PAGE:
Time is as valuable as resource as anything we have. We can’t save time and use it later. We can’t manufacture time. We can only use the time we have to the best of our abilities. Sometimes that means putting something we want to do on hold because of something we have to do. As someone that prides myself on writing lots of blog posts it meant that I had to put that particular part of my productivity behind more immediate things like getting my morning run in. It meant getting the Gestalt IT Rundown story script done before I could play a game or watch a TV show.

Time is what we make of it. I’ve started to realize that by blocking more and more of my time to do things. Maybe I put down on my calendar that Tuesday evening is a day to draw or practice a new cooking skill. Thursday morning could be my long run of the week and my day to research topics for my Tomversations videos. Whatever it is, I make it stick. I don’t need to schedule my exercise in the mornings because it’s become a habit for me. But I do need to schedule the other things to make sure they’re done. You don’t need to have a mark on every minute of your day to be productive, but you do need to make sure you make time for the pieces that are important.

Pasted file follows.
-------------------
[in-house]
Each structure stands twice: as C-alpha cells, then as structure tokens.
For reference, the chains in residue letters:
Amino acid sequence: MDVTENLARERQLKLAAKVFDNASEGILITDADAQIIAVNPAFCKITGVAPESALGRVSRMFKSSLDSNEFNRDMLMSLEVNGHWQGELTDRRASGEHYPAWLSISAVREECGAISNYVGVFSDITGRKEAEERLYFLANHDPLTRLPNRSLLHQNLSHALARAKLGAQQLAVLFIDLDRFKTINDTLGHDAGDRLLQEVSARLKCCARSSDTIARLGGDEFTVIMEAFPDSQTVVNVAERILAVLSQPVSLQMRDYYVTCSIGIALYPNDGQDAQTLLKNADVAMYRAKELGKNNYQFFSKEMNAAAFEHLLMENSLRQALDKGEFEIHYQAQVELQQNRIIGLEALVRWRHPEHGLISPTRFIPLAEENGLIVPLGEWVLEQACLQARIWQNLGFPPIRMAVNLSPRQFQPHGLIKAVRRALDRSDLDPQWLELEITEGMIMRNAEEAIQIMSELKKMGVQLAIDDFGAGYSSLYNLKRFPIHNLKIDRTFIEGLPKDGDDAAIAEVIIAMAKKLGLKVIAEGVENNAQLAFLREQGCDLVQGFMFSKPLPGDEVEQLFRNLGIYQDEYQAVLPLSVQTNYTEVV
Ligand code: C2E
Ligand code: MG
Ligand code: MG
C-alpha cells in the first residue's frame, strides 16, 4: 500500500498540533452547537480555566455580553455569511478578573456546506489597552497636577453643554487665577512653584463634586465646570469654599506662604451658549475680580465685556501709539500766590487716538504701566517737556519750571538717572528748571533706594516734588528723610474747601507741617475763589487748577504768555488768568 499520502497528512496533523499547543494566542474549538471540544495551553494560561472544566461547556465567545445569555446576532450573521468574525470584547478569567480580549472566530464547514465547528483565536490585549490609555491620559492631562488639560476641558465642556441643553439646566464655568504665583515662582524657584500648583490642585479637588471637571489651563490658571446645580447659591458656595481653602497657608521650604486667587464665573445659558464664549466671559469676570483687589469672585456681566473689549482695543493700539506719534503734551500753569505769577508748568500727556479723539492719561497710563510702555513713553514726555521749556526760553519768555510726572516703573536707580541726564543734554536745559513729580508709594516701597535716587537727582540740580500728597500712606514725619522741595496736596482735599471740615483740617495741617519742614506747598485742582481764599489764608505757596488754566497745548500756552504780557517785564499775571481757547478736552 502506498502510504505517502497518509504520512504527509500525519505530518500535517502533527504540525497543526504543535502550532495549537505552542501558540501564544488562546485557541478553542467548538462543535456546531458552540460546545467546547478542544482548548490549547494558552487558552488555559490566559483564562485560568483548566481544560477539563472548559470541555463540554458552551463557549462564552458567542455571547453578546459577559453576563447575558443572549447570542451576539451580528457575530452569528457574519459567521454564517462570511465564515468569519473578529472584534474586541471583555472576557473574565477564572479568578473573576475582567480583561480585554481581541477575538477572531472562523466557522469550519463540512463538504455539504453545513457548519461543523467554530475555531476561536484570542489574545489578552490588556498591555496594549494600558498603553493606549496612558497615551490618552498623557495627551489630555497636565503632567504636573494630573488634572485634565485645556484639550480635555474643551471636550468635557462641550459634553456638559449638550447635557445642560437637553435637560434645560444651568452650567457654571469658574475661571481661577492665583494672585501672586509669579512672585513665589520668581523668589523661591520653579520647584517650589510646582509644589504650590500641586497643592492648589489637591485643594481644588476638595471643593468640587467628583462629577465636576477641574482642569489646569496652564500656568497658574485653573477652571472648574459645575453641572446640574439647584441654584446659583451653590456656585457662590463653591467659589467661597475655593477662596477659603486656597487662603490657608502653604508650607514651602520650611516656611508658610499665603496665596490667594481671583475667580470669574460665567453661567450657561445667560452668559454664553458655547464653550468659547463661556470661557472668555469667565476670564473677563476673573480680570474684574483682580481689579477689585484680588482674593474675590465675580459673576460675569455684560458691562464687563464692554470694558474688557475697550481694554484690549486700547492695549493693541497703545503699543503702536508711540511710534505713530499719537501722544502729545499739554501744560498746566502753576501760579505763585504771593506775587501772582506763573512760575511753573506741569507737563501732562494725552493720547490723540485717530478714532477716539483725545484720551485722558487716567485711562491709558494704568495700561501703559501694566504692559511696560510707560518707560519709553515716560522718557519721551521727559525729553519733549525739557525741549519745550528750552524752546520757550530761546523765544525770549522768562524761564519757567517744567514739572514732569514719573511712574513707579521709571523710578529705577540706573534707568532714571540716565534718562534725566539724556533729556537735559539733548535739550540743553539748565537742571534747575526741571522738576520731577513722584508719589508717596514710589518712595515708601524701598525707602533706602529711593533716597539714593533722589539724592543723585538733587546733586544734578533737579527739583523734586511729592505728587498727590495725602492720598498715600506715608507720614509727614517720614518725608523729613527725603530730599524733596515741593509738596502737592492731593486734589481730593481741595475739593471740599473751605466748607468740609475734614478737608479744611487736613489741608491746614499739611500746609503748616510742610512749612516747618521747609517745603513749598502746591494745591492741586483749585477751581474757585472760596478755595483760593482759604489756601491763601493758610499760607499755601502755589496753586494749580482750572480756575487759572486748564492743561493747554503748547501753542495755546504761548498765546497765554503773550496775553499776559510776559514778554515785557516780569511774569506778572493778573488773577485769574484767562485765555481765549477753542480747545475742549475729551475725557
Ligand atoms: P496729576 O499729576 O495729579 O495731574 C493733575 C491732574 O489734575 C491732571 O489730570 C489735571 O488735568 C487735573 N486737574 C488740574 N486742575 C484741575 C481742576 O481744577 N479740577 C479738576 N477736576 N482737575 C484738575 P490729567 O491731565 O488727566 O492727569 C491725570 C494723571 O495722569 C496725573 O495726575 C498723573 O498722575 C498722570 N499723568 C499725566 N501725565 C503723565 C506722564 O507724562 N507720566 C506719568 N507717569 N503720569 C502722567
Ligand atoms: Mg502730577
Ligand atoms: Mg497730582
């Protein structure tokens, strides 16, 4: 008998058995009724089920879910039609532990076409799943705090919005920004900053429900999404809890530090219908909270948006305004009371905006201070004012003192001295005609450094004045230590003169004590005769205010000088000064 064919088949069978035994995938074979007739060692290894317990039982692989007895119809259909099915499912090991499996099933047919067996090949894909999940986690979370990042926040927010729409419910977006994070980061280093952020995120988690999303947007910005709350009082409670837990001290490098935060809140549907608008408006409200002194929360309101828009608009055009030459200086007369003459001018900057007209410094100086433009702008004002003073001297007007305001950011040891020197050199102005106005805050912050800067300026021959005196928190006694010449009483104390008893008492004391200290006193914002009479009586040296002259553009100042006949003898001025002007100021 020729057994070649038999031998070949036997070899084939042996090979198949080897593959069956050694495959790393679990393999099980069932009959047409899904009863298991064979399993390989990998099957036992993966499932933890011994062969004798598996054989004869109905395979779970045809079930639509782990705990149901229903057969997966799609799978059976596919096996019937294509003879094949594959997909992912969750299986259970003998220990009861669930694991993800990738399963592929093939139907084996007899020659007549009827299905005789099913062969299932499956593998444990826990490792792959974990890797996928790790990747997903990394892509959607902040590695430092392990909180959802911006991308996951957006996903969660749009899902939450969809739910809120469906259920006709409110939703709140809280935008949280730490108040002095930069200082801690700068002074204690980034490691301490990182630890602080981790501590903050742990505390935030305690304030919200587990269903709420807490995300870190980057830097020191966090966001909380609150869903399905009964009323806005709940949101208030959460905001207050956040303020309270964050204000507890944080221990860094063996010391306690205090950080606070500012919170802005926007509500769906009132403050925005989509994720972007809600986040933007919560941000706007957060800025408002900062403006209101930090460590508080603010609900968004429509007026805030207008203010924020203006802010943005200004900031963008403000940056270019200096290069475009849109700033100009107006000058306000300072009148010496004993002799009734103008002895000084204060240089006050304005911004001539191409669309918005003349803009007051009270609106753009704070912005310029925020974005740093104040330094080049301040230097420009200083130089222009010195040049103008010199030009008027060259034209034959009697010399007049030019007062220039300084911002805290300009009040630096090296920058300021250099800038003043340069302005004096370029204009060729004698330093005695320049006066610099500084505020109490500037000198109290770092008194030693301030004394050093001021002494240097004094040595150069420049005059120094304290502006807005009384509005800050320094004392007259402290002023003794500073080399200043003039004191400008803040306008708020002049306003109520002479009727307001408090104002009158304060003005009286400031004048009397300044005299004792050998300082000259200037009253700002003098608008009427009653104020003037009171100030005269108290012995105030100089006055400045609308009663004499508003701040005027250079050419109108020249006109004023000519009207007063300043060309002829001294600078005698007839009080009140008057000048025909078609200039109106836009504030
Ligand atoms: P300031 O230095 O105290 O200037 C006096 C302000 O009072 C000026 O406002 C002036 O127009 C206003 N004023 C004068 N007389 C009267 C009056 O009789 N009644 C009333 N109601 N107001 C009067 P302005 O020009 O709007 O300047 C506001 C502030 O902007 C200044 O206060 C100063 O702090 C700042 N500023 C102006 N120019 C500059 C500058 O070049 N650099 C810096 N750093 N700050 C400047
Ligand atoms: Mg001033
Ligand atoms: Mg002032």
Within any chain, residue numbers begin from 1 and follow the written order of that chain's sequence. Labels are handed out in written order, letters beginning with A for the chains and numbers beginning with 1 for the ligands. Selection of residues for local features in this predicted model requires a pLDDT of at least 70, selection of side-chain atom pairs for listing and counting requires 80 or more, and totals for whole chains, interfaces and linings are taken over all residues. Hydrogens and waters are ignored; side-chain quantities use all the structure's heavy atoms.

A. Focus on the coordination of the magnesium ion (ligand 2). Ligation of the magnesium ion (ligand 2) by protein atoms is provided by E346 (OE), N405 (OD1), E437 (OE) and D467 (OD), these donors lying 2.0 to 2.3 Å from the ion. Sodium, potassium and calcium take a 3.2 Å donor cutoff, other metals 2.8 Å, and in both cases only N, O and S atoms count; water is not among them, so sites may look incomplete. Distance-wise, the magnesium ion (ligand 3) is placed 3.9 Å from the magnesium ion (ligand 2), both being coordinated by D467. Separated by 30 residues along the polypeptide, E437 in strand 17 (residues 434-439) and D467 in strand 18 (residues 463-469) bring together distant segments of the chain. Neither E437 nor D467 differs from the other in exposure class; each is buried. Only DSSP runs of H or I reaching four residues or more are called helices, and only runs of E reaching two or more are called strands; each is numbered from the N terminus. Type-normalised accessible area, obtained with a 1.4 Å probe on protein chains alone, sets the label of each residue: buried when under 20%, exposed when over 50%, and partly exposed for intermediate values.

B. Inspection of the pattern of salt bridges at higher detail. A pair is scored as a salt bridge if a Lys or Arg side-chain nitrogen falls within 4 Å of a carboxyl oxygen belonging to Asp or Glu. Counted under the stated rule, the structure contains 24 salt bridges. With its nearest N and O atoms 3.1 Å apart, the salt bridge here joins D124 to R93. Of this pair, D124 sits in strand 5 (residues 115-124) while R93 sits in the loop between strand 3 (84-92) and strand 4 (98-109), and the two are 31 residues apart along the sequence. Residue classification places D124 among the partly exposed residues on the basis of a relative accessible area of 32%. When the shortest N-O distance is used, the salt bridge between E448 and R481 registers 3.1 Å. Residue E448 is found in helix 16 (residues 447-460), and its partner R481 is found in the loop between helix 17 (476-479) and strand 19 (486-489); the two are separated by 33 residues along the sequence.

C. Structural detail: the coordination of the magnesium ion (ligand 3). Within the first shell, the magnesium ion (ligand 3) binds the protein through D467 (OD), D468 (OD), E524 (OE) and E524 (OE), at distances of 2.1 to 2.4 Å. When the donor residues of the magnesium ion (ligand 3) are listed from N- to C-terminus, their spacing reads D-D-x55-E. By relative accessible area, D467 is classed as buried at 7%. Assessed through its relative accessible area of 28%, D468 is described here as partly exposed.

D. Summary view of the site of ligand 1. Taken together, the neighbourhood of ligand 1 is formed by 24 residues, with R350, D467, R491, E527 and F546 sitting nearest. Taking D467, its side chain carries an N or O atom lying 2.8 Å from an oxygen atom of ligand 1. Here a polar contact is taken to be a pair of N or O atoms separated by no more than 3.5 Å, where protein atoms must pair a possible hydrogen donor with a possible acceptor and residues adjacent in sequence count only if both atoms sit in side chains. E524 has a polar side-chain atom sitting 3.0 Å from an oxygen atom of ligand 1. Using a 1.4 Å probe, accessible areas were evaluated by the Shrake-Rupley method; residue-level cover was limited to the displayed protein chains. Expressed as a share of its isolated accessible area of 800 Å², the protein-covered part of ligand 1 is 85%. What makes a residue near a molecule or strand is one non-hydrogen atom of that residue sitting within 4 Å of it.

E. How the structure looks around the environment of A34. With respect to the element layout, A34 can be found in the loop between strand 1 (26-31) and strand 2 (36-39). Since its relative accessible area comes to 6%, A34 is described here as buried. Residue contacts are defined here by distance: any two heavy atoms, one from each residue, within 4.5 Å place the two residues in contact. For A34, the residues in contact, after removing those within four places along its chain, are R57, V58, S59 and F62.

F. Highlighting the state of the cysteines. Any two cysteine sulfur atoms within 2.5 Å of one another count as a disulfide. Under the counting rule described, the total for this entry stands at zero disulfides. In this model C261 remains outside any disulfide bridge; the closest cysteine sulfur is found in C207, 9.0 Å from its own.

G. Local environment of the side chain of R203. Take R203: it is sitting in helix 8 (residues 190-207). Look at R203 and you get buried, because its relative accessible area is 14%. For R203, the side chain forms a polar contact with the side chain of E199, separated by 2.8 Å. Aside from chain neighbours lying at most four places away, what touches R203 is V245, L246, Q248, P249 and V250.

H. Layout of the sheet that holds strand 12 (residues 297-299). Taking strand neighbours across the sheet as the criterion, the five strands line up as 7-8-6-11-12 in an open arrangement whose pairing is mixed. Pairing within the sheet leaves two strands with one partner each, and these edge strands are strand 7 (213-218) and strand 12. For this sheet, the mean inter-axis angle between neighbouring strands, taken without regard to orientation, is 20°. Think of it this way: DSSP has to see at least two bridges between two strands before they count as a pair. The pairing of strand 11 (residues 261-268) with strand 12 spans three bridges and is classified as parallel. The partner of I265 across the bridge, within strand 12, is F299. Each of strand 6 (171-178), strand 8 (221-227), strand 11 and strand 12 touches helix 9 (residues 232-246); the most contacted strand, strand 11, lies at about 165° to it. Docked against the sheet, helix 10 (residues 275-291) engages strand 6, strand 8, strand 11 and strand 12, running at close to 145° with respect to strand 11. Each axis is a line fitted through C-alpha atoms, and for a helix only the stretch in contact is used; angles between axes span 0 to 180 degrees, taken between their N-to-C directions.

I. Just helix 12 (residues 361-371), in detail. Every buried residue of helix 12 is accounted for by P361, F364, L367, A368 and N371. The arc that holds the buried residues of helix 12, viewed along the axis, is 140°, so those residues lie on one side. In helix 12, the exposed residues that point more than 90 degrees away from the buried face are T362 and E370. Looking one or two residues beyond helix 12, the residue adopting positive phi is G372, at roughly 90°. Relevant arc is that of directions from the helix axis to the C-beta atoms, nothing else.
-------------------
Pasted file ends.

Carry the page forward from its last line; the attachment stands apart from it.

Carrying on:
That means making time for non-work things. It’s easy to fill up our calendar with things for work. It’s harder still to fill up the calendar with non-work tasks and skills. Schedule a hike on a Saturday morning. Make Monday night your night to work on a craft that you want to do like learning leather working or knife making. Maybe you just want to say that Wednesday at lunchtime is the place where you’re going to schedule time to read a few more pages of your new favorite book. There are all things that as valid as the next staff meeting or briefing that you have to do. Because they enrich you and help you become a better person.

More importantly, by scheduling these things in your calendar on a personal level you remind yourself not to let work get out of hand. When you live in the office, which is the same as working from home now, you will find yourself working at midnight some nights because you just couldn’t put the work down. By reminding yourself of what’s important you draw a bright line between work and personal and ensure that you have time to put in effort on both without getting overwhelmed.


Tom’s Take

There’s a bit of irony in me saying that you need to make time for the things that are important to you while I write this post after midnight on Christmas. The fact is that I made time earlier today for my family to open some gifts and help bake cookies. I went for a walk and watched some educational videos. Sure, I eventually found the time to write for myself but it came after I had taken care of other things. My journey through 2020 has taught me that time is the kind of resource you need to pay yourself with as often as you can. But you can’t just mark off your calendar and hope that something magical happens. You need to make the effort to use your time wisely and work on yourself. Every new skill you learn or pound you lose is making you a better, more well-rounded person. And that’s the kind of payoff that you can only get from investing time in yourself.